That’s me (above) in the Greenwich Foot Tunnel, a pedestrian tunnel under the River Thames which takes you from the north bank in East London into Greenwich right by the Cutty Sark, at left. I highly recommend using the tunnel if you’re in London, it’s amazing.
As mentioned in previous posts, we spent a couple weeks in London recently, visiting our daughter during her study abroad. I also did a college year abroad in England . . . thirty-five years ago. Finally returning to England after all this time was a dream come true, if delayed by a few more decades than I would have liked. I’ve long been a bit of an anglophile, partial to Monty Python, The Avengers (Steed and Peel!), Sherlock Holmes, Gerry Anderson’s UFO, the list goes on an on.
I spent my college year at the University of Birmingham, and we made a day trip up to Brum to see the campus and where I lived. That’s the clock tower on campus at left. The campus and the city have changed a lot, of course, in the intervening years. For one thing, the place I lived, Kingsmead College in Selly Oak, has been entirely torn down and replaced with a large new facility that is now actually part of the university.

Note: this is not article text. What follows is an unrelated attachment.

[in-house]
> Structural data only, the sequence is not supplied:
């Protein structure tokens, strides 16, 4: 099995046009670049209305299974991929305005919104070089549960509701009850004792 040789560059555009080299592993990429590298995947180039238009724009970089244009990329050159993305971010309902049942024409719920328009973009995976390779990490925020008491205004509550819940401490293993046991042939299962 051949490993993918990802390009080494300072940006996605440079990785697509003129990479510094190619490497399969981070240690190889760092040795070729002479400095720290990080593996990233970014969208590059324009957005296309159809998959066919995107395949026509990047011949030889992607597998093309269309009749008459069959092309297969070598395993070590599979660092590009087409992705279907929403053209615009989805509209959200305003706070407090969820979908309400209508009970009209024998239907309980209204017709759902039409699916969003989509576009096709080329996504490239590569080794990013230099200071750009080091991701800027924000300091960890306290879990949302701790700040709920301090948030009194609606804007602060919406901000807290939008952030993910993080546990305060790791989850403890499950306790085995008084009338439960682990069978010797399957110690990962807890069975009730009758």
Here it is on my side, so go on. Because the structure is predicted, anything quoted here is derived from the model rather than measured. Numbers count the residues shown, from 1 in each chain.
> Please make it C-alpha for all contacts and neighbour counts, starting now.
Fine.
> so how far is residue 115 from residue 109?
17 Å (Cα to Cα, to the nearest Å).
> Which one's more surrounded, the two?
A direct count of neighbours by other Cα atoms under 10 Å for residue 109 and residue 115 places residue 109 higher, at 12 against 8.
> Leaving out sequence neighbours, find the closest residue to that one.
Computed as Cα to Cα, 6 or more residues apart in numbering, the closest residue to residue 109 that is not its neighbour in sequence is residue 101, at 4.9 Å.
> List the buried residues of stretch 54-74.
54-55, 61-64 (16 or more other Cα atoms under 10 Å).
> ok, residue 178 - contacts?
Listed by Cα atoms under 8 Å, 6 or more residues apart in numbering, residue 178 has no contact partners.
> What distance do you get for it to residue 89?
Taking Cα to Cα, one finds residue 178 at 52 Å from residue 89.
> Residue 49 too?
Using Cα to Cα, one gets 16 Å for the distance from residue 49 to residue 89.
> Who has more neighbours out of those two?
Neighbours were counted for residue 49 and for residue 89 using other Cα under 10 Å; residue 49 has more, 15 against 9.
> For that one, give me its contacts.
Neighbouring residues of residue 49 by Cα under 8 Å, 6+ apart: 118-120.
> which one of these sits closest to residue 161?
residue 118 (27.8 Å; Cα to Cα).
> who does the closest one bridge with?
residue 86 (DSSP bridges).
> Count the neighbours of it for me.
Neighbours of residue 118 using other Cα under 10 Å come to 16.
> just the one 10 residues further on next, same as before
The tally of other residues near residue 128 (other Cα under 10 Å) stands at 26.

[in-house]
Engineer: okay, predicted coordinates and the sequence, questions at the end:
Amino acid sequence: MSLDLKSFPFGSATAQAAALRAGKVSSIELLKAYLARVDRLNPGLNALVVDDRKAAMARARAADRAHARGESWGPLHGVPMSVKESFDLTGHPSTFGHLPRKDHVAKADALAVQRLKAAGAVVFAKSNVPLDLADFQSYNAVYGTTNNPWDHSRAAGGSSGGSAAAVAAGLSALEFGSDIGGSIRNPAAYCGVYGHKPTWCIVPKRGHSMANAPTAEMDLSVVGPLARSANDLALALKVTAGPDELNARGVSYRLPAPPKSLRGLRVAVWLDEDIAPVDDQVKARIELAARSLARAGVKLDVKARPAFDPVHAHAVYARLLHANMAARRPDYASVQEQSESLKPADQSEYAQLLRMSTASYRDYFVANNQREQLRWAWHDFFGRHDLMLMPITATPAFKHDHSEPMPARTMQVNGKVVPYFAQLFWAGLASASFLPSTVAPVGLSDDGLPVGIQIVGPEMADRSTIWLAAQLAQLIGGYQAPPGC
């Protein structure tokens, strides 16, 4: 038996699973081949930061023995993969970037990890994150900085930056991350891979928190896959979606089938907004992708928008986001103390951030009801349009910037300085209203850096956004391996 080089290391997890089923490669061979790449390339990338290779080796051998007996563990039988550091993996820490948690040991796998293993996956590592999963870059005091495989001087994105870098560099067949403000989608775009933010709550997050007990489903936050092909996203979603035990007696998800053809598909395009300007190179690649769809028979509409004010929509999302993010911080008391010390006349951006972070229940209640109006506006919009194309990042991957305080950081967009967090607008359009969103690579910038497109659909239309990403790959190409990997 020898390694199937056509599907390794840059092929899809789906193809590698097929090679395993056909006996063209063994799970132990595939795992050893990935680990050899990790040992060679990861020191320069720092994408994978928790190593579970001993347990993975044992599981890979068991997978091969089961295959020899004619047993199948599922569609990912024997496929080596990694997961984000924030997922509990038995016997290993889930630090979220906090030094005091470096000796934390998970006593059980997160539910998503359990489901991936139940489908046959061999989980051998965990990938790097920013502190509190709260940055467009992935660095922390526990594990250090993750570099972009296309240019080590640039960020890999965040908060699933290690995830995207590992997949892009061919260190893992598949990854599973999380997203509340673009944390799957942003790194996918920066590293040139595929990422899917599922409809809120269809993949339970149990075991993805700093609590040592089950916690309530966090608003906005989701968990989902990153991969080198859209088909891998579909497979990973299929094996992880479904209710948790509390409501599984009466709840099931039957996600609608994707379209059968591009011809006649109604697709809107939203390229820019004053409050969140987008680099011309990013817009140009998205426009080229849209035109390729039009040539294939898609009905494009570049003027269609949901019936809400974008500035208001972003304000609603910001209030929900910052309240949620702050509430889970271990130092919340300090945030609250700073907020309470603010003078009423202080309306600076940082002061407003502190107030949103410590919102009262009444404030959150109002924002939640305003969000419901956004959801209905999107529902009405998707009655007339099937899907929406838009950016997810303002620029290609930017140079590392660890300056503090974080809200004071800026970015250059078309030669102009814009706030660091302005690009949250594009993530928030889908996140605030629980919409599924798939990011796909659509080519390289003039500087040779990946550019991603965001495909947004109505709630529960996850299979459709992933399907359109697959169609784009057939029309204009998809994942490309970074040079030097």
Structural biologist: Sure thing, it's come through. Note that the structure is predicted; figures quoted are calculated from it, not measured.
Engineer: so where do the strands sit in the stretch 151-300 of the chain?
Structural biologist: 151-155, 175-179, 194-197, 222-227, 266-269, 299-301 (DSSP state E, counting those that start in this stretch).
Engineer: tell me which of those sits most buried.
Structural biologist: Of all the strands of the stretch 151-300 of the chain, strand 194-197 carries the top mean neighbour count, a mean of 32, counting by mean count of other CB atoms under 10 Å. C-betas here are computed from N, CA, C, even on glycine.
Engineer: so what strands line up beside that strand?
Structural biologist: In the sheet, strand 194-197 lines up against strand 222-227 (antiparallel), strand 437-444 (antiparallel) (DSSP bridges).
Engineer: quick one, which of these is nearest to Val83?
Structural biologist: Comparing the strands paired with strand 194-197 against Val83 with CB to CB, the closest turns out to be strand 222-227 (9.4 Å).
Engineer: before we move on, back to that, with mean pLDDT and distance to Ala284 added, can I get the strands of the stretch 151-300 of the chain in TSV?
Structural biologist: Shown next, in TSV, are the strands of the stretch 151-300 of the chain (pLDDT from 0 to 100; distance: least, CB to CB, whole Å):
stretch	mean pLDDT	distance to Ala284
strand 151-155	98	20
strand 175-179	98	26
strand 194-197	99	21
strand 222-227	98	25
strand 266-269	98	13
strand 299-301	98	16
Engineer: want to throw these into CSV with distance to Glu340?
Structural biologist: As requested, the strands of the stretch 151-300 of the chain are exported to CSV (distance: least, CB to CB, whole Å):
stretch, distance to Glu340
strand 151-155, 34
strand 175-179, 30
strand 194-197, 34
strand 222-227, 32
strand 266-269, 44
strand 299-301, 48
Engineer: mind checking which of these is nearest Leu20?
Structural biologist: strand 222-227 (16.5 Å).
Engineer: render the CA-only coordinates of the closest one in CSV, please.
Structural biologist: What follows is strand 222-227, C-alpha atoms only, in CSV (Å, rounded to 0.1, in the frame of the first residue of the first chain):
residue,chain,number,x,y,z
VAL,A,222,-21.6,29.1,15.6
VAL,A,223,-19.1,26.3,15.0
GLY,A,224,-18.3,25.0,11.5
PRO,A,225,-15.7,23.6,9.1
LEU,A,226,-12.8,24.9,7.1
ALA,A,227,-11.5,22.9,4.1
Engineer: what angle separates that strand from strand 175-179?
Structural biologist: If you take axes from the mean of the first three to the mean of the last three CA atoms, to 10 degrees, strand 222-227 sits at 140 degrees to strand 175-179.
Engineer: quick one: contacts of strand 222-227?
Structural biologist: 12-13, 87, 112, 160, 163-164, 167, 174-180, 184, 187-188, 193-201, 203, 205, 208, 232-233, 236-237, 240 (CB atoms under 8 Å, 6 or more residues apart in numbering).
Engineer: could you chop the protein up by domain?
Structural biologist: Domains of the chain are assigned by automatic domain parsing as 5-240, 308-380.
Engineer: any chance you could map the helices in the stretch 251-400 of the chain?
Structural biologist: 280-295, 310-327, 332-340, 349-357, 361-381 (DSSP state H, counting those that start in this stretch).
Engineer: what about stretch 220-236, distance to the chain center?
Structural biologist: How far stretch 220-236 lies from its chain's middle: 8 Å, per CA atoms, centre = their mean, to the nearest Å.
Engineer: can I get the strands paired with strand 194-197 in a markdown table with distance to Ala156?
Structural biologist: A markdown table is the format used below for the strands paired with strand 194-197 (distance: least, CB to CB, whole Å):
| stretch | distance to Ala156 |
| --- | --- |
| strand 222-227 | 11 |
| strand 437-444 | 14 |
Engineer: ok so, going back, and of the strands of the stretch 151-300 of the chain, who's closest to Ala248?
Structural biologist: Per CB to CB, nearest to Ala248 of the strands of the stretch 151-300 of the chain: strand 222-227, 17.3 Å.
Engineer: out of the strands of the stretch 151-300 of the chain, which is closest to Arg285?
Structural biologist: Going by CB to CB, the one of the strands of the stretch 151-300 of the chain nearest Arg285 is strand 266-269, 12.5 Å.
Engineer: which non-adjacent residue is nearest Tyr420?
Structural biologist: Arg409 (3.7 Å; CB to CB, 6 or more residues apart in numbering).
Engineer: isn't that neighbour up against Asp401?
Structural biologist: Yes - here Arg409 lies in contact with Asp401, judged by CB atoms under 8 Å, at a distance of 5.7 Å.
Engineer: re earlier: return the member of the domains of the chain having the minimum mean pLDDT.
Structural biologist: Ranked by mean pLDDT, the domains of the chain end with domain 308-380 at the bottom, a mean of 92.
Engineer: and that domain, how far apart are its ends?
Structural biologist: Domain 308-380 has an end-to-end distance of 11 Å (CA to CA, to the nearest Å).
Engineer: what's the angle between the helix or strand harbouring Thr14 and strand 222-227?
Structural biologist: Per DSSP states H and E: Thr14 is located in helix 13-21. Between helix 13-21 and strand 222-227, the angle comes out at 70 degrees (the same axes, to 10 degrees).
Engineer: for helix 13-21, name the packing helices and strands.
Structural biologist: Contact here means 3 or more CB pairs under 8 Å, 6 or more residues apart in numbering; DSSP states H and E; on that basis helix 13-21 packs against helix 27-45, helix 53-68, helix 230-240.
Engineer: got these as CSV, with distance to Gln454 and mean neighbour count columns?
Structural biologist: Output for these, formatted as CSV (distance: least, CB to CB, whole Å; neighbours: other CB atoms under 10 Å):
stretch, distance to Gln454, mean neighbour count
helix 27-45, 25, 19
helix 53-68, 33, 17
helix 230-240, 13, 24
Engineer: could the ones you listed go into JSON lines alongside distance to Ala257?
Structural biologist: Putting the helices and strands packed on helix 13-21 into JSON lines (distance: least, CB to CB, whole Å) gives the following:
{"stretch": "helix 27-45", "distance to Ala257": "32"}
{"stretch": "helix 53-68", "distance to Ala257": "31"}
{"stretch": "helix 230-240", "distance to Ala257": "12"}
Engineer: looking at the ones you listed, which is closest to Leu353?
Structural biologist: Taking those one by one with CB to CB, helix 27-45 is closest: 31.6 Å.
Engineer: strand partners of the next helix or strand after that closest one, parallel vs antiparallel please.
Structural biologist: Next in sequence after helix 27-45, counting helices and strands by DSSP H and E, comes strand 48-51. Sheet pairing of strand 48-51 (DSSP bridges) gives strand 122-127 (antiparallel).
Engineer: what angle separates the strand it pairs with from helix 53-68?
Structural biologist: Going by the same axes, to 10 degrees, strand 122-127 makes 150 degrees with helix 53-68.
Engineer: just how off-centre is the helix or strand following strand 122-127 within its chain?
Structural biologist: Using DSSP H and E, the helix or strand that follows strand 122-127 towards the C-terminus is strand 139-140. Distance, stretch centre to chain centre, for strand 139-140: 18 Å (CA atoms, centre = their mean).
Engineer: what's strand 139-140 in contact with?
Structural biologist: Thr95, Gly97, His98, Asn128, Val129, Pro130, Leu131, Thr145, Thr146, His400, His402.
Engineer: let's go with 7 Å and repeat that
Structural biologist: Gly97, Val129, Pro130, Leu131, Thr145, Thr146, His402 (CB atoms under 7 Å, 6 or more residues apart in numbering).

We packed a lot into our two weeks, seeing many of the classic tourist sights—such as the Tower of London, at right—as well as spending time in museums. I took several hundred photos, which I’m sorting through, weeding out some, captioning the rest. Strangely, even after all this time, I have yet to completely finish captioning my photo album of printed photos from my first visit, and now here I am trying to organize a much larger collection . . . but in a more timely fashion, I hope. One could argue I should finally finish the first before continuing work on the second, but it’s so much easier working digitally.
Upon returning to the States, I’ve been quite busy with freelance gigs and my own writing, and any plans of doing more extensive posting about the trip have fallen by the wayside, but perhaps I’ll still manage to do a bit here and there. Or not. Everything’s harder to do when you can’t easily find a proper serving of tea and scones, such as what’s available in the Waterstones Piccadilly. It’s the largest bookstore in Europe, featuring six floors of books, and it claims to have eight miles of shelves carrying more than two hundred thousand unique titles. Come for the books, stay for the tea and scones. Or vice versa.